Posts tagged ‘mankind’
by John D. Clague, Christian Science Committee on Publication for Oregon
It’s never easy to see tragedies that undo lives and families and communities. In my 30 years of law enforcement I encountered plenty of this sort of thing. Our hearts go out to the community of Newtown, Connecticut, and to all parents and teachers across the country. And yet, as we enter the season of good will and peace on earth, we are challenged to find a way to address the unexplainable. Without some view of the nature of life that transcends all the shortcomings of the human experience I’m certain that I would be adrift in despair.
I have found, though, that in holding onto and affirming what, for me, are fundamental truths, I can find peace.
This is what I feel:
I don’t know why this happened in a cosmic sense, and it’s futile to try and figure it out. My heart says that God did not cause this tragedy, nor turn His back on us.
To me, God is the essence of goodness. And God is complete love. As such, I feel that God loves each one of us as His own creation, including all involved at Sandy Hook School. That love is still with those dear children and staff, embracing them and holding them close. They are with God. More importantly for those trying to cope with the aftermath, divine Love is closer than ever to comfort and strengthen families and communities.
I believe we must be more persevering in our search for solutions to prevent future violence, whether it involves one person or thousands of people. For me, it means praying to know that a loving and good God will guide our desires and actions towards finding solutions.
I, and others, might find ourselves letting go of some cherished beliefs and ideologies in this search for solutions, no matter how uncomfortable that makes us initially feel. Motivated by love for our children and our communities, embracing each other with more patience and attentiveness, we must find a way to work together toward that end.
I believe that being willing to pray for real solutions will bring them to us. We can still feel the “peace that passes all understanding” during this season and beyond by insisting that we will not become cynical and afraid, and knowing that God has not turned away. And when we do that we will find a way to hold these crimes in check.
First published on OregonLive
John Clague is a retired sheriff’s office captain, father of two grown sons, and husband. He now works with the media to ensure accurate representation of Christian Science.
What I know of Christmas today is certainly different than what I knew as a child. I was really caught up in the magic of the holiday: the Christmas tree, decorations, presents, special treats, and being out of school for two whole weeks. It was a magical time of year.
As a child I was clueless about the sometimes unfortunate backstory of the magic. Stress, lack of money to buy gifts (or even to eat), being alone when you’re supposed to be with family and friends, broken relationships, overindulgence in alcohol and so on. This special time of year turns out to be the most dreaded for some. It doesn’t have to be the case, though, even in the most dire circumstances.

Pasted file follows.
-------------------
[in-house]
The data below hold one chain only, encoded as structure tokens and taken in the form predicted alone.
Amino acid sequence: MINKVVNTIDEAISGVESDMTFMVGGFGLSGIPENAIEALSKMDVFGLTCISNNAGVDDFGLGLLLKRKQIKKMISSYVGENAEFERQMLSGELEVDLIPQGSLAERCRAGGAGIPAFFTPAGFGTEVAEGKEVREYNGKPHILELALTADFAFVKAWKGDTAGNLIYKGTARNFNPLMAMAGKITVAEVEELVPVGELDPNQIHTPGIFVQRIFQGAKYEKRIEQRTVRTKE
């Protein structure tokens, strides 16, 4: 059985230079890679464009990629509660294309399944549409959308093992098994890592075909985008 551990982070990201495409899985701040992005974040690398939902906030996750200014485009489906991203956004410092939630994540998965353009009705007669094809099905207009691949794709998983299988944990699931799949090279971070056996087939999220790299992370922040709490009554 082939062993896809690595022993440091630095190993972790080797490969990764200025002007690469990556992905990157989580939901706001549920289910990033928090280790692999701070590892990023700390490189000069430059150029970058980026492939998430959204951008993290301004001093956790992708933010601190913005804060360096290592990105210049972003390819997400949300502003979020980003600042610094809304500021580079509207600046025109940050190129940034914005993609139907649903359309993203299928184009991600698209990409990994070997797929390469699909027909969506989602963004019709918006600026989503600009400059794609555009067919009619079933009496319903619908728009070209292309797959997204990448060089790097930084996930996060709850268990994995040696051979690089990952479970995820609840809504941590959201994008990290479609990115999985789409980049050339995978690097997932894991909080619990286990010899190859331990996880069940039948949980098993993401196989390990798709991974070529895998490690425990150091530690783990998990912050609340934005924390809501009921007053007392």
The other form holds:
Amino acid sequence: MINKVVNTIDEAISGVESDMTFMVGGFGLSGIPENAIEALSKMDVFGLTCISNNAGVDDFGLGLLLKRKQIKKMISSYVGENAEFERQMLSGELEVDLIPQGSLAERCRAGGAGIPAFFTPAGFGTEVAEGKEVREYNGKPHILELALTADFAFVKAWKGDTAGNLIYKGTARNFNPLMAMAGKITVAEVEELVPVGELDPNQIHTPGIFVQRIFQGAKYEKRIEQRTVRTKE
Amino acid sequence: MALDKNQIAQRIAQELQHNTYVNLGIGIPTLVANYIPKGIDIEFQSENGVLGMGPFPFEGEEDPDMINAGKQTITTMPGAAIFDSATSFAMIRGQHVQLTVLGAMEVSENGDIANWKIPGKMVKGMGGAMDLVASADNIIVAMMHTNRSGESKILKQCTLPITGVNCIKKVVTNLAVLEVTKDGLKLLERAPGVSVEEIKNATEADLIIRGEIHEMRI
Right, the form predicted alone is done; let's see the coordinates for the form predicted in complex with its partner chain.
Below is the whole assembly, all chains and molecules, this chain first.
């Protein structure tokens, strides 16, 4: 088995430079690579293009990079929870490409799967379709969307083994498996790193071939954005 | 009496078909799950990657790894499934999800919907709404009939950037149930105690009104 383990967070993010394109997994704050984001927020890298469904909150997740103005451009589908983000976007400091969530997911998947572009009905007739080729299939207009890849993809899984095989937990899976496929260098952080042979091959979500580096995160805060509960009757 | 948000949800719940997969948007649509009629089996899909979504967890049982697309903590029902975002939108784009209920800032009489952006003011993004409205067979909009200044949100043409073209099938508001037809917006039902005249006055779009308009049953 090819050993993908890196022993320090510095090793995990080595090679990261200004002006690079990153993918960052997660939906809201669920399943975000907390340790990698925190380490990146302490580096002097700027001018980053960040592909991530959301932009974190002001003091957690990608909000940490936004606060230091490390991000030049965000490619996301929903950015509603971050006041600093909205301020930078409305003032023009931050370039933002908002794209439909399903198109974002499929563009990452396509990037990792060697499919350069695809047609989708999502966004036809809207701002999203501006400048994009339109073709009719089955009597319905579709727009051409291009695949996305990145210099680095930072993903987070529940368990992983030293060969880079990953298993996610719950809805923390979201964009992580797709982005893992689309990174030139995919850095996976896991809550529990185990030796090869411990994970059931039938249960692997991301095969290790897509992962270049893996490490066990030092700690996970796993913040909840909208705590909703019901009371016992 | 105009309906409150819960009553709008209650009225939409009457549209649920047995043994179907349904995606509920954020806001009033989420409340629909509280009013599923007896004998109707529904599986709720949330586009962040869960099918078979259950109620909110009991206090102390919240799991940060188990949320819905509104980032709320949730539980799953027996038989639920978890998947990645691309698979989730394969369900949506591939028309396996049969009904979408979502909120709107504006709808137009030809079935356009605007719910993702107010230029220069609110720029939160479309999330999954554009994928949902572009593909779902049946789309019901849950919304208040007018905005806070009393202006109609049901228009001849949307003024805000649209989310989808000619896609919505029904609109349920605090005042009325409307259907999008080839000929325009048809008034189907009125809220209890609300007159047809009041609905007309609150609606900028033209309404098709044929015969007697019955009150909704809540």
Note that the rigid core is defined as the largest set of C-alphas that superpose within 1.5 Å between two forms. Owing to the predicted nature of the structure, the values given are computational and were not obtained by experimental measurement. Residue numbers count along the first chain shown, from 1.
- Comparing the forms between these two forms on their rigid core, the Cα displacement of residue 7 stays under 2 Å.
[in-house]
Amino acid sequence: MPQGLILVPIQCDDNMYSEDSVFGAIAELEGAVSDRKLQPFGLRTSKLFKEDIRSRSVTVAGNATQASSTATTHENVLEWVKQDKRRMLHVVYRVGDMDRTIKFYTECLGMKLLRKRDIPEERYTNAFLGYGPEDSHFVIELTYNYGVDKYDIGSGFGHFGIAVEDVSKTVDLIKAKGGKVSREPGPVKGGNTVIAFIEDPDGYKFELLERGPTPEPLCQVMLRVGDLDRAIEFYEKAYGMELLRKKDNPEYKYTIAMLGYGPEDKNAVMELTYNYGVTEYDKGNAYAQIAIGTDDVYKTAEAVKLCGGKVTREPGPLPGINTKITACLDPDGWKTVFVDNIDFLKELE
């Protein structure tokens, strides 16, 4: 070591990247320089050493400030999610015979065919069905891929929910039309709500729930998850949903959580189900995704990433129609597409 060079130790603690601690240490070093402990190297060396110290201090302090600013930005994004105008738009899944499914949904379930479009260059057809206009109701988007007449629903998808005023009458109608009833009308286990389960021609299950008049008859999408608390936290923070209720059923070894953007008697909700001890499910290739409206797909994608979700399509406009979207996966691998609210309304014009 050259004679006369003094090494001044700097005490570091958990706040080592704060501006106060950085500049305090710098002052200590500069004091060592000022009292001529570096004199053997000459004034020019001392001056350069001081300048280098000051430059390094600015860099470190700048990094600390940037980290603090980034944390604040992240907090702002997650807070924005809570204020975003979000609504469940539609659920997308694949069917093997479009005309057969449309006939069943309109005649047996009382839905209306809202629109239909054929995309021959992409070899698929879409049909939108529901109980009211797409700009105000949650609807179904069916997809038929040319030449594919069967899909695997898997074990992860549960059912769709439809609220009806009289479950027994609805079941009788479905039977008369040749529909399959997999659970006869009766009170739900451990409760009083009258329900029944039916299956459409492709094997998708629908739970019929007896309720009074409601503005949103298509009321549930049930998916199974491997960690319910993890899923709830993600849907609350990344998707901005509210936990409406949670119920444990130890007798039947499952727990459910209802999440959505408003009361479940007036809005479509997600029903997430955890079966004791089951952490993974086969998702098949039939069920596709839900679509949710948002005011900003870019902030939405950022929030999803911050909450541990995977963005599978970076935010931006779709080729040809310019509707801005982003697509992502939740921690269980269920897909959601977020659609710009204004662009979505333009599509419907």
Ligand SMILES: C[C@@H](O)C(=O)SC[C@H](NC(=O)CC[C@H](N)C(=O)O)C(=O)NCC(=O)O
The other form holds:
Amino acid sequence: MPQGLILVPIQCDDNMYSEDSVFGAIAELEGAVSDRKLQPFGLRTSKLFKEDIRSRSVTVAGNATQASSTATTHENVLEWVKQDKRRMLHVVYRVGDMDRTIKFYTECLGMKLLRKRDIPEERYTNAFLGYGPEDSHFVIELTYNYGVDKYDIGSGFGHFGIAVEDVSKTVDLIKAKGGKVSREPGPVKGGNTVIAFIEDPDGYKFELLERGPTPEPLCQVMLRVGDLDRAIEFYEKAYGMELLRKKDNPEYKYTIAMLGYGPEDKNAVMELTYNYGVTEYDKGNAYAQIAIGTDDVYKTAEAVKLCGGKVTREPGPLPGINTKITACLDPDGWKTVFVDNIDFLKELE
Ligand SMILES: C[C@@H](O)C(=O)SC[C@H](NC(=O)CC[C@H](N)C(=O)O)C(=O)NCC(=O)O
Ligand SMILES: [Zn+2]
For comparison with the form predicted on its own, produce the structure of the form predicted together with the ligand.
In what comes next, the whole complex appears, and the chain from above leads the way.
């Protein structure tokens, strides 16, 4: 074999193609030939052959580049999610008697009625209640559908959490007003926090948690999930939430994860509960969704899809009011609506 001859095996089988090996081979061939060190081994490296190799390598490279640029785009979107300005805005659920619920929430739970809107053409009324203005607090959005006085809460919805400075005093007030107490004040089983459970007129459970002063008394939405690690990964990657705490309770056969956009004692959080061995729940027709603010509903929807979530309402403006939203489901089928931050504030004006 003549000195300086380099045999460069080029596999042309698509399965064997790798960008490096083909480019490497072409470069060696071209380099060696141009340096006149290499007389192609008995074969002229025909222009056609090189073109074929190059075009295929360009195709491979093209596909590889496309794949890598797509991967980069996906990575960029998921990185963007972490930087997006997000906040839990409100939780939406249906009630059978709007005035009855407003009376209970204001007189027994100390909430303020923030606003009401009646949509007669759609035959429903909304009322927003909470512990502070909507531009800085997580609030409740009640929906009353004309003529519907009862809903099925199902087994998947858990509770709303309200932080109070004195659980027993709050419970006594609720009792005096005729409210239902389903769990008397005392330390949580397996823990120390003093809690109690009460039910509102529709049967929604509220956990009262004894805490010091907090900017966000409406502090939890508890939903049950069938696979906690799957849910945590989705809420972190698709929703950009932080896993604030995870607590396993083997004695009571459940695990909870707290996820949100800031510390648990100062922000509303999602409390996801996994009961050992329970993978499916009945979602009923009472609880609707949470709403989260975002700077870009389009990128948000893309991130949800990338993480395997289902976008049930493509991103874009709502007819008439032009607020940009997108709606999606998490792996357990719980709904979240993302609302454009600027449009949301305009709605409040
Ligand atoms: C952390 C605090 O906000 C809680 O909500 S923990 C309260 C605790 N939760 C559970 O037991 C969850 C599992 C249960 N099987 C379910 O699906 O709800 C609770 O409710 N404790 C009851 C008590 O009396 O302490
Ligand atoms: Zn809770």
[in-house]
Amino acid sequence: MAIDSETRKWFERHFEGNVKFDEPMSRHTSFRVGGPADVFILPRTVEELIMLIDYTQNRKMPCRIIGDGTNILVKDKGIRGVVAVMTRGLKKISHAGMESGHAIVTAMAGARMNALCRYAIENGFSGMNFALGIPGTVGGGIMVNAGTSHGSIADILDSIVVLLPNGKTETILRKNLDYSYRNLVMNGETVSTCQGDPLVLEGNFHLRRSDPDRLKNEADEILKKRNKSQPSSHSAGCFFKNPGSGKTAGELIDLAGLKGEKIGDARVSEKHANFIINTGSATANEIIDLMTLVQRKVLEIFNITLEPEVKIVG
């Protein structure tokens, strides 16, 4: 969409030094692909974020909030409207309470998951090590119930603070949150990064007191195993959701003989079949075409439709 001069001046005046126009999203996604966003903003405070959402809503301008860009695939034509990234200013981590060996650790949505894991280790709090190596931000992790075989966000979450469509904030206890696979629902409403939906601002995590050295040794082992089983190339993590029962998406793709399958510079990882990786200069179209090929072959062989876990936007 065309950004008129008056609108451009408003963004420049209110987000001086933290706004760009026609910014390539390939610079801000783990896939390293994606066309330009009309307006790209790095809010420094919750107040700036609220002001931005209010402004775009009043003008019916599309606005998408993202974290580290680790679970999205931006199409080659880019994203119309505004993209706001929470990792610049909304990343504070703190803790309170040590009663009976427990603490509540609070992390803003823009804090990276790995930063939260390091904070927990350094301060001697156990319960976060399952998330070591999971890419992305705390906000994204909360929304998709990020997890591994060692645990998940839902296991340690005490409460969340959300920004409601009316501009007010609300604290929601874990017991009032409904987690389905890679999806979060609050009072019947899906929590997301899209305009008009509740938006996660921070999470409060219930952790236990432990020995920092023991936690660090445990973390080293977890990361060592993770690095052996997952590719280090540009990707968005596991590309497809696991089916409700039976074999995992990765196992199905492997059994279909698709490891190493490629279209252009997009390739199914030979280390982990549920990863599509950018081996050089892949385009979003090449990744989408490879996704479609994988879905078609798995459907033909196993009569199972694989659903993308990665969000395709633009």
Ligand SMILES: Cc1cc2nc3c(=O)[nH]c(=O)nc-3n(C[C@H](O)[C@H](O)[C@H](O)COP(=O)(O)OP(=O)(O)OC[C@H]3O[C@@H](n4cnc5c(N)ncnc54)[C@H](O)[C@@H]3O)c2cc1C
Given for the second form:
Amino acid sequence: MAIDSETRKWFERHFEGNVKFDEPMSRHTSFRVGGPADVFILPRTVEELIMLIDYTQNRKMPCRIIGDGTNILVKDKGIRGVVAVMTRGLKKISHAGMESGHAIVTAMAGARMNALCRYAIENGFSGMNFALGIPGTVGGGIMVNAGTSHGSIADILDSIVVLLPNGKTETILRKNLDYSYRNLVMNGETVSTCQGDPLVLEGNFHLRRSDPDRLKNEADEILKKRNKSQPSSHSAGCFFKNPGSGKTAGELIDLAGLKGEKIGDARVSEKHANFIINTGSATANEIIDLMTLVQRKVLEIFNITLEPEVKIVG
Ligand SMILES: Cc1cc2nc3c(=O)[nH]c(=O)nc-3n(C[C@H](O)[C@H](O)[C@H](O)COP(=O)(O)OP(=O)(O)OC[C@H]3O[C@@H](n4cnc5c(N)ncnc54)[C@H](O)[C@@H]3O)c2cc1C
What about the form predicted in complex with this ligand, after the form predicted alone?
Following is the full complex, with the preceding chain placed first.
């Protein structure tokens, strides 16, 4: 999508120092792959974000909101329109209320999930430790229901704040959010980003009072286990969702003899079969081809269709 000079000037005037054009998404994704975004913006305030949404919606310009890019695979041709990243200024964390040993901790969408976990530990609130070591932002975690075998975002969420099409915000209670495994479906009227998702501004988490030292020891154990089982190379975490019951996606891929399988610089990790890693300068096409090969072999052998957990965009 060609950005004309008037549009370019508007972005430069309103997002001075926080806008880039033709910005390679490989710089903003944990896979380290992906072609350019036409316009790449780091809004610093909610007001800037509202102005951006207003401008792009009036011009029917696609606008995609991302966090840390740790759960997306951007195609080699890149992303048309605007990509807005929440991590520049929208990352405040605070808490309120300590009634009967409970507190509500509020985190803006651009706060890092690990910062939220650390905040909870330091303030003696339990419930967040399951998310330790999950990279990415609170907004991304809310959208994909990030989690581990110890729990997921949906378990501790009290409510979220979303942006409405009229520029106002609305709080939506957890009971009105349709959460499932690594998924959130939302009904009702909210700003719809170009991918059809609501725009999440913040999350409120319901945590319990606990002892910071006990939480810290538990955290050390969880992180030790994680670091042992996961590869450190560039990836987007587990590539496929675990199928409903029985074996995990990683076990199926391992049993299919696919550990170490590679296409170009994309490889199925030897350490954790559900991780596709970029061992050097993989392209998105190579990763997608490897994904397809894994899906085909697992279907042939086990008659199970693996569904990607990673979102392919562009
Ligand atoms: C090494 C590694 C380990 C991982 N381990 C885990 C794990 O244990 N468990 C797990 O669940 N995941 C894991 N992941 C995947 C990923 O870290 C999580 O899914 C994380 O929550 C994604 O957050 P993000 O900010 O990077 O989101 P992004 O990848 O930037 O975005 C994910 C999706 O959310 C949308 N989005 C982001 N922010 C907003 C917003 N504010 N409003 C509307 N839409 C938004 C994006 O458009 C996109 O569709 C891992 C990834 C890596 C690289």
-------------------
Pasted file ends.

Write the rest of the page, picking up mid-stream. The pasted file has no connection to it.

A different perspective on this season has emerged gently in my thought, and it continues to grow. You might think that my Christian affiliation means Christmas to me is a celebration of the birth of Jesus. But really, that is only the most familiar symbol of what Christmas has to offer.
A passage in the Bible in the book of Isaiah really tells the whole story of Christmas. It is the promise of hope fulfilled. In Isaiah it says that..
The people that walked in darkness have seen a great light: they that dwell in the land of the shadow of death, upon them hath the light shined. ( Isaiah 9:2)
What do we hope for? It can mean repaired relationships, finding companionship, financial needs being met, and health restored. Restoring and maintaining health perhaps has been the biggest quest of mankind. The human race has devoted untold resources to alleviating pain and suffering, and prolonging life.
Modern medicine makes the headlines, but the ability to heal one’s self and others through prayer has been around for thousands of years. Christ Jesus taught how to change thought in order to bring healing, and this power is still available for everyone. The promise is for all time and there is current evidence that the promise is being fulfilled.
I found the story of Gabrielle Giffords’ remarkable recovery this year to be a great example of the power of the right mental atmosphere in healing. Not only is Gabby someone who never gives up, but her husband, Mark Kelly, and mother, Gloria, also knew that Gabby would recover as well. They saw that she was surrounded by love and a positive and unlimited attitude. This is a story of strength and courage, living out the fulfillment of the promise.
The backstory of Christmas isn’t hopelessness and despair. It’s fulfillment of the promise. Health is the best gift, and we all have more resources than we know to achieve it. Better than seasonal magic is the hope that Jesus brought to 2000 years ago. And the promise is being fulfilled.
By John D. Clague, Christian Science Committee on Publication for Oregon
Or perhaps there is someone you personally know who is a selfless giver, not expecting anything in return.
I think immediately of incidents like:
Hundreds of boat owners and ferry pilots converging on the Manhattan shoreline to evacuate stranded New Yorkers after the World Trade Center towers collapsed.
People in my community working at food banks and soup kitchens for the homeless.
Victor Frankl helping fellow prisoners of war cope through simple acts of sharing and encouragement
These are people engaging in helping acts with no expectation of anything in return.
Where does this desire to help others come from? Not only is history full of people helping people, but the stories of different cultures are full of these examples as a way of conveying a virtue or a moral, like Jesus’ parable of the Good Samaritan. Why do we do it if there’s no expectation of reciprocal acts of kindness or money?
In examining my own impulses along this line I can’t find a clear answer. As a Christian, The Golden Rule could be a motivator out of obedience. And for those of other faith traditions, such as Hinduism, Buddhism, Taoism, Zoroastrianism, and Judaism there are similar guiding principles. But is this really what motivates adherents of any tradition to act for the benefit or others?